Results
The BS matrix, [BS], has been clearly analyzed for the split output fields (E_{3} and E_{4}) with respect to the input fields (E_{1} and E_{2}) in 1980 (see Fig. 1)^{25}. For each input field, [BS] is described by^{25}:
where the imaginary number i stands for a π/2 phase shift between two coherent outputs. Thus, the output fields in Fig. 1(a) can be described in a simple matrix form:
To study the secondorder correlation in a classical regime of coherence optics, the inputs are set to be traveling light fields with different wavelengths and different initial phases for generality:
where \({k}_{i}\), \({w}_{i}\), \({\varphi }_{i}\) are wave vector, angular frequency, and initial phase of each field, respectively. The coincidence detection for two outputs (E_{3} and E_{4}) is represented by the secondorder correlation function, \({g}^{(2)}\):
where τ is the temporal delay between two outputs at detectors. Here, it should be noted that the anticorrelation is satisfied by both coincidence arrival of two input photons on a BS to satisfy destructive quantum interference. The two split outputs (E_{3} and E_{4}) from one input (E_{1} or E_{2}) by a BS in Fig. 1(a) are automatically coherent each other regardless of the bandwidth, photon numbers, and phase fluctuation of the input field. Even for a single photon with a random phase, the split outputs are coherent each other in a form of superposition. This is the physical origin of selfinterference for a single photon (or wave) based Young’s doubleslit experiment. Thus, the BS physics is consistent regardless of the photon characteristics whether it is a single photon or a wave. The HBT is also satisfied for the inputs of chaotic light satisfying the BS matrix (see the Supplementary Information B)^{13}. Here, the chaotic light is defined by photon statistics of blackbody radiation or thermal lights, where \({g}^{(2)} > 1\) is due bunched incoherent photons^{26}. The HOM dip is for two coherent input photons as described in Fig. 1(a) satisfying the BS matrix, too (discussed in Analysis).
Based on two independent input fields of E_{1} and E_{2} in Fig. 1(a), each output can be described as coherent superposition of the inputs from Eq. (2):
According to the definition of the secondorder intensity correlation \(\,{g}^{(2)}\), Eq. (3) at coincidence detection results in (see the Supplementary information A):
where \(\Delta =({k}_{1}{k}_{2})r({w}_{1}{w}_{2})t\). The relative phase, \(\varphi ={\varphi }_{1}{\varphi }_{2}\), is now fixed at a particular value regardless of time variation of the fields. From Eq. (6), the solution for anticorrelation \(({g}^{(2)}(0)=0)\) is obtained as:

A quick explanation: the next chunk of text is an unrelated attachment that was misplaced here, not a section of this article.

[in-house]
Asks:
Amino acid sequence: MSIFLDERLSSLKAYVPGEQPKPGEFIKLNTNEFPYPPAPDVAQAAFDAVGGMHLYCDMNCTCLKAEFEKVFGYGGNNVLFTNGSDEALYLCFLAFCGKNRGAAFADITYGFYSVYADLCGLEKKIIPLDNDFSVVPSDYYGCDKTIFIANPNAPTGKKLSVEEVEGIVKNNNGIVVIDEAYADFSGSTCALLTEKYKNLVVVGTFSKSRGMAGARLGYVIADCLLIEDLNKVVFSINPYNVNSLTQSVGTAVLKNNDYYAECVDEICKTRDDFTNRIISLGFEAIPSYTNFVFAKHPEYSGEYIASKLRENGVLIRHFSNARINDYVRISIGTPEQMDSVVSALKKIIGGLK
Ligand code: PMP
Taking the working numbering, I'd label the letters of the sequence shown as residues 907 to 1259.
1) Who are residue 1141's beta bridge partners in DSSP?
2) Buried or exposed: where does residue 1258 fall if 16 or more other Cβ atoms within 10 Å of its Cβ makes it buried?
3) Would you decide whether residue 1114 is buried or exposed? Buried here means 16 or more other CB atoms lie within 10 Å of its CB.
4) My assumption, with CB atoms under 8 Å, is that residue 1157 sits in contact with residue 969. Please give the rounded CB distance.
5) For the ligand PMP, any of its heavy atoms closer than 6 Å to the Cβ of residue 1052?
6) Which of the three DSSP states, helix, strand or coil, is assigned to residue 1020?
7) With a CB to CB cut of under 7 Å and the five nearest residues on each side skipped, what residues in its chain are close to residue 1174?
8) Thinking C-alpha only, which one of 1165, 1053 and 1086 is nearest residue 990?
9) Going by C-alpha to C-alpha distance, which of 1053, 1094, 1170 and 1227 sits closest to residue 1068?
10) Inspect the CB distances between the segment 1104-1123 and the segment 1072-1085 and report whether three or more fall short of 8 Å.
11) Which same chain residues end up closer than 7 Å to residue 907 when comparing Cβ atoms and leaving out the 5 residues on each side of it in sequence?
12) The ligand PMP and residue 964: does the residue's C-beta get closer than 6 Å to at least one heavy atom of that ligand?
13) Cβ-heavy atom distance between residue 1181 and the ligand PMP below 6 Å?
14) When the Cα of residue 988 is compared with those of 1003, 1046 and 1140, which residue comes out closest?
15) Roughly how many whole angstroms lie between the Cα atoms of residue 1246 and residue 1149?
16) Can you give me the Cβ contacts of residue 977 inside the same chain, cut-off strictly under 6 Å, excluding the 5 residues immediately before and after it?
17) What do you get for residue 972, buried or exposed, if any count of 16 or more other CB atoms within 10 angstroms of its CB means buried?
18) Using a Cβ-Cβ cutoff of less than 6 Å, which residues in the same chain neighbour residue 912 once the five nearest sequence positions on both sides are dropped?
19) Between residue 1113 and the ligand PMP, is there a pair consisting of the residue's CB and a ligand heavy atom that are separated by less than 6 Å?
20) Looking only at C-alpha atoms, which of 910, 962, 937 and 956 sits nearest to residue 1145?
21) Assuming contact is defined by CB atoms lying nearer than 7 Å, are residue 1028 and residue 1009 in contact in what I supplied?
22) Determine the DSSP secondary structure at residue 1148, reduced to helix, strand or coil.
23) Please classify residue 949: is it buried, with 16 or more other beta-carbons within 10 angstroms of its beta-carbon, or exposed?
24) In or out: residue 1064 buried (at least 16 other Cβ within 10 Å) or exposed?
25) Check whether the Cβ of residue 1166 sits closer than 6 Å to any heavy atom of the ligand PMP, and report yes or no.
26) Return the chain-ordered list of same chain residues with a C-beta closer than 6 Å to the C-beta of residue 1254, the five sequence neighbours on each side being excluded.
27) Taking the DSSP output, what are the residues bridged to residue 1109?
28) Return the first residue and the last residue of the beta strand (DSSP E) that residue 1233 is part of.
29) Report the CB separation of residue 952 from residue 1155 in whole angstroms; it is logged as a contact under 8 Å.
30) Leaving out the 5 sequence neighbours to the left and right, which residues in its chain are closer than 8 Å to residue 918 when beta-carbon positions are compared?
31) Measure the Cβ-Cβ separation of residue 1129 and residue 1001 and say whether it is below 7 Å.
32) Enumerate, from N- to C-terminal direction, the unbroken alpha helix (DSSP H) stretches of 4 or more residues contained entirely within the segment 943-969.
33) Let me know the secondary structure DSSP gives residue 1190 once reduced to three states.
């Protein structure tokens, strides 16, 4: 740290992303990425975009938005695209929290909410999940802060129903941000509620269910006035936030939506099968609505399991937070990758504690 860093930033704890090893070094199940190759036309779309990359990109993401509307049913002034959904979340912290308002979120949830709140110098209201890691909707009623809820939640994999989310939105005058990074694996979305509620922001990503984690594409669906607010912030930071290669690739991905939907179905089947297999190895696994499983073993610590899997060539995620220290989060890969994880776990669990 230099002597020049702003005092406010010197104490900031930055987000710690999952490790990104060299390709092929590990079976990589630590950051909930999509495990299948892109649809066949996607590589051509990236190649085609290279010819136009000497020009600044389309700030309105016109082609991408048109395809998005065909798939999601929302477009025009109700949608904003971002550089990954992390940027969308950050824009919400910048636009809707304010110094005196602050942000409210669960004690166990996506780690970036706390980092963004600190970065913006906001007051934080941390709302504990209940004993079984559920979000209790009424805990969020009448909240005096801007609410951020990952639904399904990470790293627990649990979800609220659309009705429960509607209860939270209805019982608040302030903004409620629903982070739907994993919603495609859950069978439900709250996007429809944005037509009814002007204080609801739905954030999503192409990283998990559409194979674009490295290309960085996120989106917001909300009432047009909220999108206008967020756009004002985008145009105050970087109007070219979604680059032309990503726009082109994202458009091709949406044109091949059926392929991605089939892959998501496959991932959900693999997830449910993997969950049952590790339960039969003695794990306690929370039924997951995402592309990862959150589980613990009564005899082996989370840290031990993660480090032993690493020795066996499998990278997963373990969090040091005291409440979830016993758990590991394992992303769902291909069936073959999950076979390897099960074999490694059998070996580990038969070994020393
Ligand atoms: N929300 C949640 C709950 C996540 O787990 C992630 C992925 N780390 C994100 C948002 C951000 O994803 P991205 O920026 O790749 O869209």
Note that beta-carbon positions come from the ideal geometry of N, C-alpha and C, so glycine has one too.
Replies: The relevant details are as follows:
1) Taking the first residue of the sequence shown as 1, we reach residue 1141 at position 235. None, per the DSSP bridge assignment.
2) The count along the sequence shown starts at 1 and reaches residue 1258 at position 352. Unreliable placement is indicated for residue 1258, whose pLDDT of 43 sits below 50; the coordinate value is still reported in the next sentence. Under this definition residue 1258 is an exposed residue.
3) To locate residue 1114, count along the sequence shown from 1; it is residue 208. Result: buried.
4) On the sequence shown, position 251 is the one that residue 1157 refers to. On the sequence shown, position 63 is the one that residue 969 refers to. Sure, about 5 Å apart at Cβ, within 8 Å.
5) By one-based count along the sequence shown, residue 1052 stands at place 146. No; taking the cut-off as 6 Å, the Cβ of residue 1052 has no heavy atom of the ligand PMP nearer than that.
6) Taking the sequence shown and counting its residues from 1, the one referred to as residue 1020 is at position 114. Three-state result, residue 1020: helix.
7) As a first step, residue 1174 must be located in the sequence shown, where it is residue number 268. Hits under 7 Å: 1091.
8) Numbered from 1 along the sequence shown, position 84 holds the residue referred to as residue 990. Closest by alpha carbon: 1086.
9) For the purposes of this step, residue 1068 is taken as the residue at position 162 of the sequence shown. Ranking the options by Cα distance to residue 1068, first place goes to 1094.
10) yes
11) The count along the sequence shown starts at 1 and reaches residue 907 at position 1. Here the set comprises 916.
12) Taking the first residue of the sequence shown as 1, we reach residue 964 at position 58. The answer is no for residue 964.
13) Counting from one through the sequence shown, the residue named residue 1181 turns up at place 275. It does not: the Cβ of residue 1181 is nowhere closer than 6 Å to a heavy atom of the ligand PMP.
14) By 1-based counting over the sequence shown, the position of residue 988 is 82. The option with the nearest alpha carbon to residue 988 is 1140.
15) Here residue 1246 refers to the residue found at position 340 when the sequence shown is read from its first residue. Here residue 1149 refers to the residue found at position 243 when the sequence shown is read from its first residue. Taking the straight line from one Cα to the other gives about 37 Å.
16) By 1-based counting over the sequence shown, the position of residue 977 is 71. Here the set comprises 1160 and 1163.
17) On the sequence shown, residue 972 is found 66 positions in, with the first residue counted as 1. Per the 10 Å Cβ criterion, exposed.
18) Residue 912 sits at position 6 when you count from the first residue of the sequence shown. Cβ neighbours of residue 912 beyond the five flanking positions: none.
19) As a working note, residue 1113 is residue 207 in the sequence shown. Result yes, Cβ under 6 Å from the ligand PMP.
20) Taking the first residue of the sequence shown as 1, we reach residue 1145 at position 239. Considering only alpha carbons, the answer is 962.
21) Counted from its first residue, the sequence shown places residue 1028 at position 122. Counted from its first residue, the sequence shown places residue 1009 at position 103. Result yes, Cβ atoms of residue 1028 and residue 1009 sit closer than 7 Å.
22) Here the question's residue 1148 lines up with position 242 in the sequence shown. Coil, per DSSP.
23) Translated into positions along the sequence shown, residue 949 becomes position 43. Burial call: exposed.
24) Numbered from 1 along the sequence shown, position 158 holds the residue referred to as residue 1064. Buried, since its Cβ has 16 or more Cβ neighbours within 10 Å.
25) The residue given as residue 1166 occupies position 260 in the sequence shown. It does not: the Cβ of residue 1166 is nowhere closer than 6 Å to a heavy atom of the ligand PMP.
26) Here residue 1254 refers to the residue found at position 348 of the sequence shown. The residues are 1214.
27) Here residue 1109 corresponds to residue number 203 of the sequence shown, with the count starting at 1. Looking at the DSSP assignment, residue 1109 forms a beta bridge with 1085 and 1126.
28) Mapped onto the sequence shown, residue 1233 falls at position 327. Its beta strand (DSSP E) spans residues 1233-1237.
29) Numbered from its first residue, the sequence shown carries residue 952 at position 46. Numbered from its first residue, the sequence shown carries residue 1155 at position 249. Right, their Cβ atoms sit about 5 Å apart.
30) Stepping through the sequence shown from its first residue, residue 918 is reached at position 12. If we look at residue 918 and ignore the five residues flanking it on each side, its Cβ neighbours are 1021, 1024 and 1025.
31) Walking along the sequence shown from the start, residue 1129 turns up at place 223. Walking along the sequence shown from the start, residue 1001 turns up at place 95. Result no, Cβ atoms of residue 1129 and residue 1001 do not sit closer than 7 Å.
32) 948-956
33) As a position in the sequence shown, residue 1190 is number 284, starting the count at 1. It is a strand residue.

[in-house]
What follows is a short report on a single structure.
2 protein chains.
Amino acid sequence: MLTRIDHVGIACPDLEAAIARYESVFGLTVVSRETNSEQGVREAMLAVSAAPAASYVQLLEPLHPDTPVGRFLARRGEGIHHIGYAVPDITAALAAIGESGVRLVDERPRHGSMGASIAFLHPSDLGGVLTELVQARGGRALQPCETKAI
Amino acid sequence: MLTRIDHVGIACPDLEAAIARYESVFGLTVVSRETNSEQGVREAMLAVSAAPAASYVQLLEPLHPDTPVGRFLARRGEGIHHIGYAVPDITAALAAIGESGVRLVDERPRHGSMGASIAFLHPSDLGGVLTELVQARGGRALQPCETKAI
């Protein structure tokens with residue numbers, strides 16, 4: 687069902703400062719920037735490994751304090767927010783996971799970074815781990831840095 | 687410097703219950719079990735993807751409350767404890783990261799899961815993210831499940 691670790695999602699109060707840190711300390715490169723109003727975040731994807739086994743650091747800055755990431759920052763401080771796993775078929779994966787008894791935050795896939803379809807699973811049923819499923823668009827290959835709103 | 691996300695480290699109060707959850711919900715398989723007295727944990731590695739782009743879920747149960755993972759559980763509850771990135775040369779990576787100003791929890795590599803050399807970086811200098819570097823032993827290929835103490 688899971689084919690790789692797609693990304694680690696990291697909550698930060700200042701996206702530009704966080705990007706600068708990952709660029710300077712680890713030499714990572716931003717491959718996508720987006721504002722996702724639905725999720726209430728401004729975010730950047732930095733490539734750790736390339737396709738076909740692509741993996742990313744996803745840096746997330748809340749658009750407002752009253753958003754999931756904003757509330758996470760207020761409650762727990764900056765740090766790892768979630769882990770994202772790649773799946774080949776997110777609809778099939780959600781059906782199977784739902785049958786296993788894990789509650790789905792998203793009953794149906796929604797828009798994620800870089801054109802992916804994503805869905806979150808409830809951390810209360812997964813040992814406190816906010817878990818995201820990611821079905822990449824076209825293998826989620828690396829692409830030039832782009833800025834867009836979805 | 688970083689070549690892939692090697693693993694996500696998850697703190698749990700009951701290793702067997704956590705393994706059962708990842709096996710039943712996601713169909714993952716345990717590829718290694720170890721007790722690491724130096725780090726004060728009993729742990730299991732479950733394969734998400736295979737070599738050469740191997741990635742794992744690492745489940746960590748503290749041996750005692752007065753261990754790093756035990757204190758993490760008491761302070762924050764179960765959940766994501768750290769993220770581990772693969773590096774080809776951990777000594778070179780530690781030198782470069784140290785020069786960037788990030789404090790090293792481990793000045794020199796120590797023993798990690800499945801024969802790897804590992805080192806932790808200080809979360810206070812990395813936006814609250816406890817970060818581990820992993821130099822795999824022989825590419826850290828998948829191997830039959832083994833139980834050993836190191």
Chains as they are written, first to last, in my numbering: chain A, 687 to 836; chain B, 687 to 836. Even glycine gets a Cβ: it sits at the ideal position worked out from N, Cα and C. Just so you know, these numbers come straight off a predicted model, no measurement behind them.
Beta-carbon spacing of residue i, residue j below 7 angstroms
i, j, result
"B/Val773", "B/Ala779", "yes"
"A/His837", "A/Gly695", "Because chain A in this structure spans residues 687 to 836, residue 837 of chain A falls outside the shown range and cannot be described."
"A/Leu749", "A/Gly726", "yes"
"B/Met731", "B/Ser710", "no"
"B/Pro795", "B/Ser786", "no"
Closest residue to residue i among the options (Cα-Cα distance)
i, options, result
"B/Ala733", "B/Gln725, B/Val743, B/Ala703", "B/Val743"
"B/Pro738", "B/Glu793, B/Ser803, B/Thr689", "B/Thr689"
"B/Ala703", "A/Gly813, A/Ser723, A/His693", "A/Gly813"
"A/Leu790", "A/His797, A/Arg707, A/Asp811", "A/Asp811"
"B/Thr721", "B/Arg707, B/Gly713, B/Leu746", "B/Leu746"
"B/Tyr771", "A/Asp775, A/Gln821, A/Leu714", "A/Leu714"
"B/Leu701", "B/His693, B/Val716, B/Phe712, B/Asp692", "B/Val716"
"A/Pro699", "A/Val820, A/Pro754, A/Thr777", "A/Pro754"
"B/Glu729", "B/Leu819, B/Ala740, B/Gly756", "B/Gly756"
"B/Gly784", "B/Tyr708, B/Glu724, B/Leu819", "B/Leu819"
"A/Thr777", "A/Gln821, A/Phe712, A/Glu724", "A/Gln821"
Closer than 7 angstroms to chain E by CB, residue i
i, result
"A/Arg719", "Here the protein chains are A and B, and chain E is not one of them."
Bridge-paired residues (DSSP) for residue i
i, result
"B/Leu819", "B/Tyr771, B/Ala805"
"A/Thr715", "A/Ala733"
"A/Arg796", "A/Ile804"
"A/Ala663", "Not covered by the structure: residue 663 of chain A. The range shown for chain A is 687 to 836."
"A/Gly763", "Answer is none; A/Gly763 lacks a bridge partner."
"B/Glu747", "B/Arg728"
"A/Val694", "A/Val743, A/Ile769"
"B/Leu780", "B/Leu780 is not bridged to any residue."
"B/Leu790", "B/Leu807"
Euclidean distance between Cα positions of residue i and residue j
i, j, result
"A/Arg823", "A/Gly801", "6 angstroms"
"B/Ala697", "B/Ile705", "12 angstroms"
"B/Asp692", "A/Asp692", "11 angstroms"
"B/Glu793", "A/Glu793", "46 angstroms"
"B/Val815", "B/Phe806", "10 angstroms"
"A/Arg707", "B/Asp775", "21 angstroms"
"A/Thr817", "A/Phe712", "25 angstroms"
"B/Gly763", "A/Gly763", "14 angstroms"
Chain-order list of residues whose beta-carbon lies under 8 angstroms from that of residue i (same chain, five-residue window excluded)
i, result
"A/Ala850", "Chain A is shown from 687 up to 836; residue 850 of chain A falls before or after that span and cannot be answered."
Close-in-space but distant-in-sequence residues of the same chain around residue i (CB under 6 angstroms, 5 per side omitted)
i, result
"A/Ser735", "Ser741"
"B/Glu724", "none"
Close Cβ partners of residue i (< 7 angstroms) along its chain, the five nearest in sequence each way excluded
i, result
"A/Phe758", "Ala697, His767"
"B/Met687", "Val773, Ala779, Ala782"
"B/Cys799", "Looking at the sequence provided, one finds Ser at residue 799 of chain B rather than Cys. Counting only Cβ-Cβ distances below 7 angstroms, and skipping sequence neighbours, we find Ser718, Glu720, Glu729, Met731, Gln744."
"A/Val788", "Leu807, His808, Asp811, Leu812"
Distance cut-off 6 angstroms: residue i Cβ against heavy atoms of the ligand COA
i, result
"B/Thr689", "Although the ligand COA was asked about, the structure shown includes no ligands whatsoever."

Because the path lengths are fixed for coincidence detection in Fig. 1(a), the frequency differencecaused phase fluctuation in Δ dominates \({g}^{(2)}(0)\) if two inputs are not degenerate \(({w}_{1}\ne {w}_{2})\).
Now, we analyze Eq. (6) for two different categories determined by the input field’s phase relationship: Coherence vs. Incoherence. We assume that the input fields are monochromatic for simplicity. The delay time τ between two outputs at both detectors is set to be zero to satisfy the coincidence detection. Furthermore, a typical HOM dip is analyzed for the proof of concept.
Analysis
Coherence optics for \({{\boldsymbol{g}}}^{(2)}\)
For the samewavelength input fields E_{1} and E_{2} \((\Delta =0,\,\varphi \ne 0)\) in Fig. 1(a), Eq. (6) results in a \(\varphi \,\)dependent \({g}^{(2)}\). In this case, the two input fields cannot be discernible by the BS or detectors, regardless of \(\varphi \), satisfying the indistinguishability condition in HOM experiments^{5}. This indistinguishability originates in Young’s doubleslit experiment using single photons^{11}. Here, the input field’s bandwidth determines the coherence time of \({g}^{(2)}\) for coincidence detection after the BS^{5}. Figure 1(b) shows the numerical calculations for the secondorder correlation \({g}^{(2)}\) as a function of \(\varphi \) at \({\rm{\tau }}=0\). This \({g}^{(2)}\) modulation is phase sensitive to the two input fields (photons) of the BS, which has never been discussed before although it has been observed^{6}. If two input fields are in phase \((\varphi =0)\) or out of phase \((\varphi =\pi )\), then the Poisson statistics of the coherence feature is satisfied for \({g}^{(2)}=1\). If there is a \(\pm {\rm{\pi }}/2\) phase shift between the two input fields, then perfect anticorrelation of the nonclassical features results in \({g}^{(2)}(\tau =0)=0\) (see the two dots in Fig. 1(b)). This anticorrelation at \({\varphi }_{n}=\pm \left(n\frac{1}{2}\right)\pi \) obviously conflicts with the conventional understanding of \({g}^{(2)}\) correlation based on the particle nature of photons^{5}. The “n” in \({\varphi }_{n}\) denotes bases in a Hilbert space (discussed later). The interesting result is that Eq. (7) applies only for the inputs before the BS. Depending on the sign selection of \({\varphi }_{n}\) in Eq. (7), the output channel selection is deterministic for photon bunching (see the Supplementary Information A). By combining the symmetric phase pair of \({\varphi }_{n}\), e.g., \({\varphi }_{1}=\pm \frac{\pi }{2}\), no whichway information for the output paths (or photons) is satisfied via superposition of the anticorrelation bases. Briefly we concluded that the physical origin of anticorrelation in a BS is not due to detection of independent single photons but is due to the destructive quantum interference between two input modes satisfying Eq. (7). The missing parameter \({\varphi }_{n}\) in the input mode is the most important discovery in the present study, and has never been discussed before. Moreover, any photon pair used for a HOM dip experiment should be predetermined to have a fixed phase relation, otherwise it will be governed by incoherence optics (discussed later).